Makarska is a coastal town in the Split-Dalmatia County, located at the foot of the mountain Biokovo. It is the center of the Makarska Riviera (known as the Makarska Riviera), a micro-region that stretches from Brela in the west to Gradac in the east. Makarska with the town of Veliko Brdo has 13,834 inhabitants. Historically, Makarska is significant as the former seat of the Makarska diocese, and today's Split-Makarska archdiocese bears the Makarska name.

It is believed that Makarska was named after the nearby village of Makru. There is speculation that the name Makar comes from the Phoenician name for crimson or purple (mucar). In support of this theory is the fact that the port of Makarska is rich in volchima, a type of snail from which the Phoenicians produced the color after which they are named.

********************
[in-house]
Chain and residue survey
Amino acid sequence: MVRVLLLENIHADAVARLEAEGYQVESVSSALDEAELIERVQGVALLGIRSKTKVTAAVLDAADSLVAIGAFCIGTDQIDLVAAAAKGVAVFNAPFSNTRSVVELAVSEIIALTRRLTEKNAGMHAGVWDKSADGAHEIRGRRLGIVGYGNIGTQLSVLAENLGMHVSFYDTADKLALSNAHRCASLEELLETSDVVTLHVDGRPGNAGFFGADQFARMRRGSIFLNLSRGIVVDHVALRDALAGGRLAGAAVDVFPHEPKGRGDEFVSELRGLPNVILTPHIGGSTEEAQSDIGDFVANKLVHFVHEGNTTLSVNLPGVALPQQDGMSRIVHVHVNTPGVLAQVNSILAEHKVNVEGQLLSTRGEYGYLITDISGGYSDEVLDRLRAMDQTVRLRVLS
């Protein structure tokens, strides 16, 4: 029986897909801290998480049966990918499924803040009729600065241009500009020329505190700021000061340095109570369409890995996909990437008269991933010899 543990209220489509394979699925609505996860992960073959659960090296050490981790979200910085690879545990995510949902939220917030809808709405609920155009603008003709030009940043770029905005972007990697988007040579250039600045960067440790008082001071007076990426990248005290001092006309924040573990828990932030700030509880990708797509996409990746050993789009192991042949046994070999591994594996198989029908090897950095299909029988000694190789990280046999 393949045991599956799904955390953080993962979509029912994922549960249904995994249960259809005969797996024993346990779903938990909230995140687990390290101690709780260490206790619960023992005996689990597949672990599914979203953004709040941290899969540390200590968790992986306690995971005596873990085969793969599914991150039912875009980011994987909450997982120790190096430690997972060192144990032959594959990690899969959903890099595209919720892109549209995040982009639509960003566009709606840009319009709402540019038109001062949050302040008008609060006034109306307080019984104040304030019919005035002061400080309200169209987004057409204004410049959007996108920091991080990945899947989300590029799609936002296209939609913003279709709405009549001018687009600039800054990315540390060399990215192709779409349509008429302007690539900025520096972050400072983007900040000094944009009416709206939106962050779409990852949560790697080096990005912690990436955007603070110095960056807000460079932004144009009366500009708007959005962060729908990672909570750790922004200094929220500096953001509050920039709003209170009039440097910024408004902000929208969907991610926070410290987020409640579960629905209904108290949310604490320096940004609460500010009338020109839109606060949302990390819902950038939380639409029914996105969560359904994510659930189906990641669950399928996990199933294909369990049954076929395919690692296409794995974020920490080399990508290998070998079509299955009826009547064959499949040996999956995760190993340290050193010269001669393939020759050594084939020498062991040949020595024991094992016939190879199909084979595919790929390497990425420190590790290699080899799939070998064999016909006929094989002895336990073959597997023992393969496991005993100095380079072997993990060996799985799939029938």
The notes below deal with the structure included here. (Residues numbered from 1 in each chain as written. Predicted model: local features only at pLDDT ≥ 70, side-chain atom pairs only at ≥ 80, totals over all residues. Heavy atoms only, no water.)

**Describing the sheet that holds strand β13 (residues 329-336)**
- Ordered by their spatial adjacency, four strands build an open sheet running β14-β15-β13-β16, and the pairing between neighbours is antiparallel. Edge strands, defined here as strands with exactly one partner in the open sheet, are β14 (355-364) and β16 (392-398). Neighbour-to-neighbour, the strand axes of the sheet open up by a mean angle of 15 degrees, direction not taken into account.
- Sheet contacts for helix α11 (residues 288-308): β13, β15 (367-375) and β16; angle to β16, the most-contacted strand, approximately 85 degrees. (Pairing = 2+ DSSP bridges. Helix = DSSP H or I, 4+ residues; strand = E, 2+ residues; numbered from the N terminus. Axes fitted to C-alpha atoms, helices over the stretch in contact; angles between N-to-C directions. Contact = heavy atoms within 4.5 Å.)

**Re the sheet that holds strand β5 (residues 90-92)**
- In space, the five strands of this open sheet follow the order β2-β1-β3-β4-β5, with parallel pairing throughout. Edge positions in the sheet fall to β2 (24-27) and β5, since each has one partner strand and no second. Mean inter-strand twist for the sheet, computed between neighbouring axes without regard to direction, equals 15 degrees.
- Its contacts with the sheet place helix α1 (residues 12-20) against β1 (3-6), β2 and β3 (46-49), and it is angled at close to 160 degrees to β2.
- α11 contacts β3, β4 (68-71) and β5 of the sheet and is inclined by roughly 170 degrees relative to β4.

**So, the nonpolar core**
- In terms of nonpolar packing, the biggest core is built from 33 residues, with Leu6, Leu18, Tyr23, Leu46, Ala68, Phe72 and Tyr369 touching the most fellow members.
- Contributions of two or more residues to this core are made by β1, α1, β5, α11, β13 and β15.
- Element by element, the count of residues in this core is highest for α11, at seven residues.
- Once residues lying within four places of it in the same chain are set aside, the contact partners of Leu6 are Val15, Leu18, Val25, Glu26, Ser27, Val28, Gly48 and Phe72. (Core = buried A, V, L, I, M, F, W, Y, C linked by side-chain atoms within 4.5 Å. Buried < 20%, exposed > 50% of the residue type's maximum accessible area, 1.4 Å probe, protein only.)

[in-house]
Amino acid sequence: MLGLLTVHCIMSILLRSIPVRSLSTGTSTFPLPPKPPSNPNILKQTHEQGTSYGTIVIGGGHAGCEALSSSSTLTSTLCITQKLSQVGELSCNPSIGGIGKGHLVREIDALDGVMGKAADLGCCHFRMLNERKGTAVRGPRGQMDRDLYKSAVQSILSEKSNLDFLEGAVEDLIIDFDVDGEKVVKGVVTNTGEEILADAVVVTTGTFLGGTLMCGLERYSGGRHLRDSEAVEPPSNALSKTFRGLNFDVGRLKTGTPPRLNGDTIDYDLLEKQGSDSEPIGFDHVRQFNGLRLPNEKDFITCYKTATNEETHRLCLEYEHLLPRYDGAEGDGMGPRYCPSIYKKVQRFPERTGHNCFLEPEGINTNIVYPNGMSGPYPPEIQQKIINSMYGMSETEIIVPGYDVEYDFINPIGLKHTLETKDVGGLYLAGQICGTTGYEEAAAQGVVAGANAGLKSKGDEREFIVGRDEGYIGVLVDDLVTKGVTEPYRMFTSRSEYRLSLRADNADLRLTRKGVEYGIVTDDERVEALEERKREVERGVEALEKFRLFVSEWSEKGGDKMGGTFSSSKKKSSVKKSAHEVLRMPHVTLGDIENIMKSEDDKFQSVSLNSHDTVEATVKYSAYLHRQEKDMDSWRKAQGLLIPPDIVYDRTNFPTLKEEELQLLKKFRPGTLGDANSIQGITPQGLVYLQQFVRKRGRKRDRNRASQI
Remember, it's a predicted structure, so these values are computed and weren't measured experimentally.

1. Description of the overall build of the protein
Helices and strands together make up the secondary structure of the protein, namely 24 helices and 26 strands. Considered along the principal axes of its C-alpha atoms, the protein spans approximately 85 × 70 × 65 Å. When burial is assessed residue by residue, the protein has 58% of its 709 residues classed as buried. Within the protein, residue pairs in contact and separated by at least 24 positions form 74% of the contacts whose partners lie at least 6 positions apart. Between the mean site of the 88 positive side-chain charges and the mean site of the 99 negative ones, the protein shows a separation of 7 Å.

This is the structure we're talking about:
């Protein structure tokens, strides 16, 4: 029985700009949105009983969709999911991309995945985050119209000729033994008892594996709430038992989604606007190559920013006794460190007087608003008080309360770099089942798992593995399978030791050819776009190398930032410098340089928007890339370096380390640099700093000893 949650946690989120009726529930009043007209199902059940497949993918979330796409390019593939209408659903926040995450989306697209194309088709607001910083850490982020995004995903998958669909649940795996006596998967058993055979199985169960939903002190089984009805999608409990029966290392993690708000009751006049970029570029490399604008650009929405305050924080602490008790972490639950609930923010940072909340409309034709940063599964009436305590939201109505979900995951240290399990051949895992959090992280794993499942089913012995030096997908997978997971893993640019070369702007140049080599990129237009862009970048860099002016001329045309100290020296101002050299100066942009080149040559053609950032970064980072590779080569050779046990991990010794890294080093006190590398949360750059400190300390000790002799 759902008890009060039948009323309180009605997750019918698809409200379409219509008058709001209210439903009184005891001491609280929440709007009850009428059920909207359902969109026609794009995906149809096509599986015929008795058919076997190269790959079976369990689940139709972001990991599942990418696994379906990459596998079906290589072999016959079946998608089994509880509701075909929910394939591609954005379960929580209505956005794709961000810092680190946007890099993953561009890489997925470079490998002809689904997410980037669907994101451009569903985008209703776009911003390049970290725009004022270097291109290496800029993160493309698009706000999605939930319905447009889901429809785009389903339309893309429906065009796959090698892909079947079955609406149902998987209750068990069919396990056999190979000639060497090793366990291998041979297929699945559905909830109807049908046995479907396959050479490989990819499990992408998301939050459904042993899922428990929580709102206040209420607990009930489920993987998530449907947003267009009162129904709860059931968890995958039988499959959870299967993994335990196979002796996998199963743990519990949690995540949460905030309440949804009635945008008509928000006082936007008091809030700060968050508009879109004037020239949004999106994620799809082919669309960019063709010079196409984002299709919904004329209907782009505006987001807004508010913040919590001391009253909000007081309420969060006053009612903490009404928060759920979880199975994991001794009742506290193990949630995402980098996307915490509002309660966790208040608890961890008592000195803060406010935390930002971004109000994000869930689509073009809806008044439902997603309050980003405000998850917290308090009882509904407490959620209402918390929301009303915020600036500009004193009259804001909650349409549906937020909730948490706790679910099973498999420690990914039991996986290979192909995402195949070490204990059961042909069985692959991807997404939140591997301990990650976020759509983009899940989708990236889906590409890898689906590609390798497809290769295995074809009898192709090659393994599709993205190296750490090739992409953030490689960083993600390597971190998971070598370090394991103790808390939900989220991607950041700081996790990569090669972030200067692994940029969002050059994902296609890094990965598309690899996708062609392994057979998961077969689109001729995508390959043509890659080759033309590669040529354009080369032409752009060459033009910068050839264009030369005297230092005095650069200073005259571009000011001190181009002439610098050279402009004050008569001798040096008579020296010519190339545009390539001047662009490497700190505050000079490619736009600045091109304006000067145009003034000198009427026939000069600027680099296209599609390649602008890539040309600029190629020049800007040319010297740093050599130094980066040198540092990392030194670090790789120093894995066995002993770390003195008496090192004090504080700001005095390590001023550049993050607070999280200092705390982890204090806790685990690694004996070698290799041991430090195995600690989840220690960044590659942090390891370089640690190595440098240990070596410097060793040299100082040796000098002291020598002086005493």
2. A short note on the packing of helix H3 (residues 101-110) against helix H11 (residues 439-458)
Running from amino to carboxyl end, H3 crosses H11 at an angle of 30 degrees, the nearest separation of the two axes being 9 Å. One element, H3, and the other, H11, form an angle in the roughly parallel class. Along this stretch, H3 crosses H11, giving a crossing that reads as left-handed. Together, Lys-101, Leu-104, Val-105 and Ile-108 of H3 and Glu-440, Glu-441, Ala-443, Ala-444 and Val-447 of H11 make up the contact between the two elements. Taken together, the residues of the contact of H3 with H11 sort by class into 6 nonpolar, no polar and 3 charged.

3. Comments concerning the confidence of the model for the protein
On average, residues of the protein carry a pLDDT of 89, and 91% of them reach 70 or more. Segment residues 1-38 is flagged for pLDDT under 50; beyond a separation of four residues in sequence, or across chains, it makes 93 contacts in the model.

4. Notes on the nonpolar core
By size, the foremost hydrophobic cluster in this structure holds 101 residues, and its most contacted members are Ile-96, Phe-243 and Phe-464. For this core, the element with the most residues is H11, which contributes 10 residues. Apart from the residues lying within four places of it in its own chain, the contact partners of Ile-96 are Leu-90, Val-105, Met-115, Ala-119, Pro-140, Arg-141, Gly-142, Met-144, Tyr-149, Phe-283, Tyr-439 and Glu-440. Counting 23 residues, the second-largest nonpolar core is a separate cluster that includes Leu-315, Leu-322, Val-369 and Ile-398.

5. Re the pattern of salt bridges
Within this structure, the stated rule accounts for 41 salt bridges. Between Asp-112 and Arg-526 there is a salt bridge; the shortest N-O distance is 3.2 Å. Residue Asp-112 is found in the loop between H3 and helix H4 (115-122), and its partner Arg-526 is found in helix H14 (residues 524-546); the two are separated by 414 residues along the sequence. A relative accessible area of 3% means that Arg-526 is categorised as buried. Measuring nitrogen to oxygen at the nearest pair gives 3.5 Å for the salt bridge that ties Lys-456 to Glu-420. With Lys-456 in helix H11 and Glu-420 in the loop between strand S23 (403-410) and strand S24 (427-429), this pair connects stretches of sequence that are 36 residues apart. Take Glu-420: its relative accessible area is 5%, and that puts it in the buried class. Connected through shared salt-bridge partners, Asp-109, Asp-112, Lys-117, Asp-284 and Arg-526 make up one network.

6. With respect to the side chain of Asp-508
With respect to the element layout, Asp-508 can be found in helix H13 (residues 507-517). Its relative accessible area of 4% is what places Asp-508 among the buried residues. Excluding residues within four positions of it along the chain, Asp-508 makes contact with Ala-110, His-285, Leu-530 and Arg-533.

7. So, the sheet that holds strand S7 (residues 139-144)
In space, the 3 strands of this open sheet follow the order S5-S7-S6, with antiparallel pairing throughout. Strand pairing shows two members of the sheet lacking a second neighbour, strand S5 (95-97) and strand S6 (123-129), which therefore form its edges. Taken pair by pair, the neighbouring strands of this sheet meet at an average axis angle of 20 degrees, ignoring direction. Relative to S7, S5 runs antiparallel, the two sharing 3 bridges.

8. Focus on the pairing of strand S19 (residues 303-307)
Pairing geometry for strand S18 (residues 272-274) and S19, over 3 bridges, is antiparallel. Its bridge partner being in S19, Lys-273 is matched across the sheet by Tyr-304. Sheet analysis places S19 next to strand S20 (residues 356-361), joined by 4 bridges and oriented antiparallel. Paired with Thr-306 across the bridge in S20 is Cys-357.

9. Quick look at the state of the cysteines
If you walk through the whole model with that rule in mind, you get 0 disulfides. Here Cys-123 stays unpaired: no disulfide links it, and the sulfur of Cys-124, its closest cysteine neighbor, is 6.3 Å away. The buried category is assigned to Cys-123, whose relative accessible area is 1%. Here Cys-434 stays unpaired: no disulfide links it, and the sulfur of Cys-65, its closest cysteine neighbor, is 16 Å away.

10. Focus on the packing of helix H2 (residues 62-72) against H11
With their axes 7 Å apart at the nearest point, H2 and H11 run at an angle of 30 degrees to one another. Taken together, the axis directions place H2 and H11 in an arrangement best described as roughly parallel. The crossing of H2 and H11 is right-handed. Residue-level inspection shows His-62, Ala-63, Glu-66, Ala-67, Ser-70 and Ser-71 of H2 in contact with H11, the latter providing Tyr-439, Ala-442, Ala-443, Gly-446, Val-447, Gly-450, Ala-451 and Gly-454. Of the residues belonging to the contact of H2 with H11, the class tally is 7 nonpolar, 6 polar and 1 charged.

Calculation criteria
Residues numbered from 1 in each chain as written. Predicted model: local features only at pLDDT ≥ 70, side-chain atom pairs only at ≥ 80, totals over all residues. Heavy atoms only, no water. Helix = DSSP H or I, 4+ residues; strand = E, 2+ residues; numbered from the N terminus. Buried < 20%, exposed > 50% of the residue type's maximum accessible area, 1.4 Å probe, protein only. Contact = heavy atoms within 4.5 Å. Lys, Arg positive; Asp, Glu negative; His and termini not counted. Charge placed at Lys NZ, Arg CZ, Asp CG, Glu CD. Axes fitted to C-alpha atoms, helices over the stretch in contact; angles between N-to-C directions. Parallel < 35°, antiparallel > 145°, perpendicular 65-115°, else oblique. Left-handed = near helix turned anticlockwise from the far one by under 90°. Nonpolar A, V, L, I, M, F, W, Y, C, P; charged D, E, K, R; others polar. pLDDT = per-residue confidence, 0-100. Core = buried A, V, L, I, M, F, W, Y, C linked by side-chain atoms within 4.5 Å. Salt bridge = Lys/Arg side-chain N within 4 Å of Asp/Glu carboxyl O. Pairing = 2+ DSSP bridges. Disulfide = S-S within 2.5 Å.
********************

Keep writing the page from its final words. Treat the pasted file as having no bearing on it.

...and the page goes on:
It is believed that Makarska was named after the nearby village of Makru. The first inhabitants of the area of today's Makarska were the Illyrians, who founded a settlement called Muccurum in the 4th century. The Battle of Makarska on September 18, 887 took place between the Venetian Republic and the Neretva Principality. The Neretvans won.

The name Makarska was first mentioned in a document from the 16th century, during the Turkish conquests. The Turks kept the army and the imperial tax collector in Makarska. After Turkey, Makarska fell under Venetian rule, then under the Habsburg Monarchy. After Napoleon's victories at the beginning of the 19th century, Makarska also fell under his rule. Napoleon encouraged culture and built roads that connected Makarska with other coastal towns. A monument to his Marshal Marmont, known today as Napoleon's monument, was erected at the western entrance to the city. Although Napoleon encouraged the development of Makarska's culture and connections, Austro-Hungary was responsible for the flourishing of tourism.